Seeking a Better Understanding of My Rare Disease
I am an advocate for my rare disease, but I still can’t describe it.
Several weeks ago, I went to the dentist with my husband. It was a hot and humid day, as it always is here in Texas. I was carrying “Cooper,” the name I gave to my portable oxygen machine, and I could tell the dentist wanted to ask me about it. I made a joke to sate his curiosity.
“This old thing? It’s one of my many appendages. I am known as the Modern Day Mutant,” I told him.
That put a smile on his face. He said, “May I ask why you use oxygen? Is it due to COVID-19 or another illness?”
I told him I have a rare disease known as lymphocytic interstitial pneumonia (LIP), which causes pulmonary fibrosis.
“What is that exactly?” he asked.
I realized I still didn’t know how to answer this question.
I wrote about LIP in my very first column. At the time, I thought I had a good understanding of it. But I’ve been asked multiple times about my disease since then, and all I can muster is its name. So, I’m right back where I started.
I have joined several groups for people with pulmonary fibrosis in the hopes of finding others who have been diagnosed specifically with LIP. Where are they, I wonder, and what are their symptoms? I guess I’m looking for validation that I do indeed suffer from this condition.
A disease is considered rare because it affects so few people. I never paid much attention to rare diseases, because I didn’t know anyone who had one. I certainly never thought it would happen to me. I figured rare diseases are often genetic, and as far as I knew, no one in my family had one.
I have researched LIP, but I am still not clear on its progression. How did I get it? Is it autoimmune? Is it triggered by environmental factors? How does it relate to pulmonary fibrosis? Why do I have a constant cough? Why do my oxygen levels drop so suddenly during any activity?
Authors of a chapter published in “Reference Module in Biomedical Sciences” noted that, “Idiopathic LIP is a rare form of idiopathic interstitial pneumonia (IIP) that is categorized as part of a spectrum of pulmonary lymphoproliferative disorders.”
“Murray and Nadel’s Textbook of Respiratory Medicine” adds that, “Secondary causes [of LIP] include rheumatoid arthritis, Sjögren syndrome, lupus, Hashimoto thyroiditis, myasthenia gravis, common variable immunodeficiency, allogeneic bone marrow transplantation, and viral infections. Viruses implicated in LIP include human immunodeficiency virus 1 (HIV-1), human T-cell lymphotrophic virus 1 (HTLV-1), and Epstein-Barr virus (EBV) (especially in children).”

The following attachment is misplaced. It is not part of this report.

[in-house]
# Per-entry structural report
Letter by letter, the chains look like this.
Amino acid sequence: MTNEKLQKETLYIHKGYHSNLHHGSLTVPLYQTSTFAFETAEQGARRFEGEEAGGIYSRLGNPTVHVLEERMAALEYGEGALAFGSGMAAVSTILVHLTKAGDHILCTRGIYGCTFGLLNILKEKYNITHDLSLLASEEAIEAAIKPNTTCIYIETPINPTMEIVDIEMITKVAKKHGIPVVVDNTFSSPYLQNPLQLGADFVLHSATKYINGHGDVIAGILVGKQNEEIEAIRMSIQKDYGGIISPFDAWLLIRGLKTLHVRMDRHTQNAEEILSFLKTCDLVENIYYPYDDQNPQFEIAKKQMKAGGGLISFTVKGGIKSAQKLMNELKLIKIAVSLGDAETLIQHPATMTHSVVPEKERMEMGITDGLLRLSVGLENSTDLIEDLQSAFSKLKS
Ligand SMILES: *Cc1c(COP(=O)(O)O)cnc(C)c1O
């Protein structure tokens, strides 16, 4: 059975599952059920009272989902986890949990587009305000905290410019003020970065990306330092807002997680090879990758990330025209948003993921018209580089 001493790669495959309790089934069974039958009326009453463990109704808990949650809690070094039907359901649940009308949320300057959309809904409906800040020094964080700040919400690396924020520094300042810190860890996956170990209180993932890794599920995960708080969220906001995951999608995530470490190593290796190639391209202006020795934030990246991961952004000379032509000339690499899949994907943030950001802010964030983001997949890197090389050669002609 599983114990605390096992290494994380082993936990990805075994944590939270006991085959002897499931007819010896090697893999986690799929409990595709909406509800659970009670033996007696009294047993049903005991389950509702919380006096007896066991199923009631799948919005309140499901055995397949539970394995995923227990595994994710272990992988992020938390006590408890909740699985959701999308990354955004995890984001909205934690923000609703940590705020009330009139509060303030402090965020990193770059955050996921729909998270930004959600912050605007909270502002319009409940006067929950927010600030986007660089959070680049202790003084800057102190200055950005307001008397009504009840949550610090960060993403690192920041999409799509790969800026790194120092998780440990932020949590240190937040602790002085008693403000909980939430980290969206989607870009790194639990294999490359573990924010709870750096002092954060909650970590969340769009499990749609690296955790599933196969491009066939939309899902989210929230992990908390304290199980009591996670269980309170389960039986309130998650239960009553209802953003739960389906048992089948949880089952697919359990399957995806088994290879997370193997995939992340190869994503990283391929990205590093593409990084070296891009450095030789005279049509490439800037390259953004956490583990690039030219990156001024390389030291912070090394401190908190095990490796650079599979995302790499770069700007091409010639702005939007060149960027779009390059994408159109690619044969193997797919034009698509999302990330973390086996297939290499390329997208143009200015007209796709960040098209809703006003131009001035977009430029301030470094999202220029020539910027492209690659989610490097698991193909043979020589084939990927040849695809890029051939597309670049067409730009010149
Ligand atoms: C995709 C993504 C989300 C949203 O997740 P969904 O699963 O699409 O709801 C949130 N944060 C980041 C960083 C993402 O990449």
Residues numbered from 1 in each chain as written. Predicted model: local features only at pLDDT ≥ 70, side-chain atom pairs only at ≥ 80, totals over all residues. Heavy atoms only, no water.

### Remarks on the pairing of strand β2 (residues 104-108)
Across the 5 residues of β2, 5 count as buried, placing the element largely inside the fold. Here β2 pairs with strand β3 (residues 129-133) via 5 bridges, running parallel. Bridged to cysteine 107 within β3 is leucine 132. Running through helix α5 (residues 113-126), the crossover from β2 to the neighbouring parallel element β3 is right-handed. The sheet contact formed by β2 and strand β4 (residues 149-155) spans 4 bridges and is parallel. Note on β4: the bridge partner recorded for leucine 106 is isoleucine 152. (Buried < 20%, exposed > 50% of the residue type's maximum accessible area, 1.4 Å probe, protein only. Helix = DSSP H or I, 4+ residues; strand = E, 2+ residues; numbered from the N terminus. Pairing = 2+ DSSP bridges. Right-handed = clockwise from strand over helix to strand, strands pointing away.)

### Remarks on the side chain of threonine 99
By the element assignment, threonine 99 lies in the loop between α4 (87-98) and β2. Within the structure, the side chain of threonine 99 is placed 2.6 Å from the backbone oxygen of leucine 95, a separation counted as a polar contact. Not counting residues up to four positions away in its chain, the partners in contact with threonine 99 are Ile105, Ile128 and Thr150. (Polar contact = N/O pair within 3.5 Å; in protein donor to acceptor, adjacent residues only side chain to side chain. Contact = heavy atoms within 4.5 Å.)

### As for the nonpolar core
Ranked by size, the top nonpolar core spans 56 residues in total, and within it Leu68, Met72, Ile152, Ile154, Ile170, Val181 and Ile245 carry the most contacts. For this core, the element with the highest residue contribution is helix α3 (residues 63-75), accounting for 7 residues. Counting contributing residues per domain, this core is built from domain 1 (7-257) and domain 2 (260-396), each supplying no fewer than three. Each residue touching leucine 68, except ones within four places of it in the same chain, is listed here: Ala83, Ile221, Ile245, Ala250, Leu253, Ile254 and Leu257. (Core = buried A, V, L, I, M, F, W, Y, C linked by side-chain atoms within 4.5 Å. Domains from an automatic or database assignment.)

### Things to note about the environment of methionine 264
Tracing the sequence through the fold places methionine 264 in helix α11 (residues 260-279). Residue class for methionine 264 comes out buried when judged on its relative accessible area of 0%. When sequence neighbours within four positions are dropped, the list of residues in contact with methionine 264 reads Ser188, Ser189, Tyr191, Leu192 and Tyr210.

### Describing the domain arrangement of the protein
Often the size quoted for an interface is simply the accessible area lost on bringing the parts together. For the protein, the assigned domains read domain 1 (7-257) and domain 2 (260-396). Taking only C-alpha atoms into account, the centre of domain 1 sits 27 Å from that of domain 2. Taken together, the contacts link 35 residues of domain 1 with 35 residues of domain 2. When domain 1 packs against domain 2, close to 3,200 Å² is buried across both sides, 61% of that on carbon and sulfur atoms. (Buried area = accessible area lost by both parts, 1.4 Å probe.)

Secondary causes? That’s new to me.
Most of the research I’ve found about LIP cites symptoms of cough, fever, and dyspnea, all of which I’ve experienced. But don’t most people with interstitial lung disease experience these symptoms? How is my disease any different?
I hear other rare disease patients tell their stories, and they seem so confident in their understanding of their condition. I want that same confidence.
I’m not looking for a miracle cure, although that would be nice. I simply don’t want to be blindsided by this disease. Then again, that is how a rare disease works — it is never constant or predictable. Most likely, I will never be prepared.
I still have several other specialists to visit, including a rheumatologist, gastroenterologist, and cardiologist. My primary doctor and I are leaving no stones unturned. Given the potential secondary causes, it is best to take precautions.
I am willing to do all the necessary testing. But it would be nice to receive more information from my doctors about LIP.
I have been on oxygen therapy for two years and am responding well to the medications Ofev (nintedanib) and Cellcept (mycophenolate mofetil). My last CT scan revealed that my pulmonary fibrosis is progressing more slowly than expected.
I am still hoping to find someone else who has been diagnosed with this illness. I would love to compare notes.
For now, I’m off to my second visit with a new pulmonologist. I hope they can provide some answers. Either way, I am still up for the fight. I’m not willing to give in to this enemy.
The journey continues.
Note: Pulmonary Fibrosis News is strictly a news and information website about the disease. It does not provide medical advice, diagnosis, or treatment. This content is not intended to be a substitute for professional medical advice, diagnosis, or treatment. Always seek the advice of your physician or other qualified health provider with any questions you may have regarding a medical condition. Never disregard professional medical advice or delay in seeking it because of something you have read on this website. The opinions expressed in this column are not those of Pulmonary Fibrosis News or its parent company, BioNews, and are intended to spark discussion about issues pertaining to pulmonary fibrosis.